Fla. Gov. Ron DeSantis demands end to smokable medical cannabis ban, saying it’s what the people want
Nearly a quarter million medical marijuana patients in Florida will soon be allowed to purchase smokeable forms of marijuana. Gov. Ron DeSantis took many residents by surprise Thursday when he admonished the GOP-controlled legislature for ignoring the will of Florida voters and ordered lawmakers to end a ban on smokables and remove vertical integration restrictions on growers and dispensaries.
DeSantis warned that if the job isn’t done by the time the legislature meets in March, he’ll force their hand by pulling the plug on an appeal by the state to reverse a court decision calling the ban unconstitutional. The governor said he will ask the court for a "stay of decision" until the next legislative session.
An unconstitutional ban
In 2018, 2nd Judicial Circuit Judge Karen Gievers ruled that the smokables ban was unconstitutional. The state’s licensing limits and the requirement for vertical integration have also been ruled unconstitutional. In all, there are more than 20 lawsuits in state courts.
Desantis labeled the state’s current program a “state-sponsored cartel” saying that it must end.
“What the Florida Legislature has done to implement the people’s will has not been done in accordance with what the amendment envisioned. Whether they (patients) have to smoke it or not, who am I to judge that? I want people to be able to have their suffering relieved. I don’t think this law is up to snuff.” — Gov. Ron DeSantis
The move comes just days after former Gov. Rick Scott’s outgoing administration made arguments in favor of the smokables ban to the Court of Appeal in Tallahassee, which took place as DeSantis was being sworn into office.
In 2016, the voters of Florida spoke loud and clear on the issue of medical marijuana. Here in Florida, we must have a pathway for those who have a medical need to smoke marijuana to do so!
— Ron DeSantis (@GovRonDeSantis) January 17, 2019
A constitutional amendment to vastly upgrade the states existing medical marijuana program was approved by 71 percent of Florida voters in the 2016 elections. Then in 2017, Scott signed a bill which legalized the production and sale of cannabis-infused pills, oils, and edibles but left out smokable products such as dry flower. The bill also severely limited the number of licenses available for growers and dispensaries.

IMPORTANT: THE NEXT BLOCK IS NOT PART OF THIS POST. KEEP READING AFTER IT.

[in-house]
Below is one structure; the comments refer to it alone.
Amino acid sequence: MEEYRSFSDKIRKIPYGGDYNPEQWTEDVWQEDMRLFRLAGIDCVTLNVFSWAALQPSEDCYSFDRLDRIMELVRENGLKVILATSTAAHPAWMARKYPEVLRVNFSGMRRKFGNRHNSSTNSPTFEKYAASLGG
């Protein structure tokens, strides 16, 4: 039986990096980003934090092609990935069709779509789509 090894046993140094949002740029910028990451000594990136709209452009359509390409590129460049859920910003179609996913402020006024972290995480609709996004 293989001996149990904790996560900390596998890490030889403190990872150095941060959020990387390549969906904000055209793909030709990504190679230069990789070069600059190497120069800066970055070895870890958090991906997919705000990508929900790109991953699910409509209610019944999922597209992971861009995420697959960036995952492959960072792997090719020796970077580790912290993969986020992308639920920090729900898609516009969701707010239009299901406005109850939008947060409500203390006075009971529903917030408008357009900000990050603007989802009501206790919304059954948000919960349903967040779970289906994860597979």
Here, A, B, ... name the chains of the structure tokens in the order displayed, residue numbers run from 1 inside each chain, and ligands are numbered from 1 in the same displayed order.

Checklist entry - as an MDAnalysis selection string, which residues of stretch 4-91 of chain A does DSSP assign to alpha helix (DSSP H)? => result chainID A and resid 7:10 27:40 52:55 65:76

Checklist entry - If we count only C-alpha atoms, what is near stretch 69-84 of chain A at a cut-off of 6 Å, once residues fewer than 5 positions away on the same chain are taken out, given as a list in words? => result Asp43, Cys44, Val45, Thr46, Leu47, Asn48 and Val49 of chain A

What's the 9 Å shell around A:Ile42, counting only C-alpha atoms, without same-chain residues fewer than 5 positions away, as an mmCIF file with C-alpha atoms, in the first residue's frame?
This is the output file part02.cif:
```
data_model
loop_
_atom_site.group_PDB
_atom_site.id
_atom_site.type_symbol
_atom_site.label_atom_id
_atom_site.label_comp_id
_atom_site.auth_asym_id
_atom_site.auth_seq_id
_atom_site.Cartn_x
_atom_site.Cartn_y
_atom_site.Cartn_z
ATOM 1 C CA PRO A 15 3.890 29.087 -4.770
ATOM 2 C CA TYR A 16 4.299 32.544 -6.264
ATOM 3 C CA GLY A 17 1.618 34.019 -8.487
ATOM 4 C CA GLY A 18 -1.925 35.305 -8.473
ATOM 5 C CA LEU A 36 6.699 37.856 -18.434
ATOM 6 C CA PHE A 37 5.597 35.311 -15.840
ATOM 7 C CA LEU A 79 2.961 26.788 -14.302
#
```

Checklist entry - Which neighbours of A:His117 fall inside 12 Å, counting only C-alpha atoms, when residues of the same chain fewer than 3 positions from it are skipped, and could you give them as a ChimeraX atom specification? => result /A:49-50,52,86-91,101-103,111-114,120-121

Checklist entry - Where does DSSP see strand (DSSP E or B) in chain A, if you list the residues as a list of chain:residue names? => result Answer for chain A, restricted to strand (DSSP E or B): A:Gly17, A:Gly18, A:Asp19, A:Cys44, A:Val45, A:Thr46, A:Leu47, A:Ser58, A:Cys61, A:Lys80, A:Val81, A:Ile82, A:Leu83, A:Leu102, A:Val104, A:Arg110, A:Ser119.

The changes are expected to create a boon in opportunities for cannabis entrepreneurs in the state and result in a substantial drop in prices for medical marijuana products due to increased competition.
Reaction from Florida lawmakers
Legislative leaders including House Speaker José Oliva and Senate President Bill Galvano say they will comply with the governor’s request. Sen. Jeff Brandes has even announced plans to file a bill intended to end vertical integration requirements. Brandes has also expressed that he is in favor of legalizing recreational marijuana in the state.
Senate budget chief Rob Bradley told the News Service of Florida, “We’re not where we need to be. There needs to be more licenses. What that looks like is an important discussion to have. Whether that happens through the Legislature or through the courts remains to be seen.”
Newly seated Agriculture Commissioner Nikki Fried who campaigned on a promise to expand access to medical marijuana says March is not soon enough to make the transition.
“Every day that medical marijuana in the pure plant form is unavailable to patients, Floridians continue to suffer. This is an issue I’ve seen firsthand throughout our state and country, and one that touches my family personally — my mother was recently diagnosed with cancer, and she is struggling to find medicine that relieves her suffering. The fact that she can’t access the medicine she needs breaks my heart.” — Florida Agriculture Commissioner Nikki Fried
Next step: Insurance coverage?
Attorney John Morgan, who bankrolled the campaign to legalize medical marijuana has been leading the fight to reverse the smoking ban. “ In an interview after the press conference (in reference to the popular hashtag #NoSmokeIsaJoke) Morgan said, “No smoke’ is no longer a joke. For me, it is a victory for the people of Florida. This plant was put into nature by God for us, and it works.”
Morgan is now calling on the state to require insurance companies to cover the cost of the drug to curb the state’s opioid crisis. “When there’s insurance for medical marijuana, that’s when we’re really going to put a dent in the opioid and Oxycontin industry,” Morgan said. “My battle will continue against the opioid industry in court.”
More than 167,000 patients have registered for Florida’s medical marijuana program, and around 1,900 doctors are certified by the state to prescribe medical marijuana. Currently there are fewer than 100 locations in the state where patients can buy the drug, however, home delivery is allowed statewide.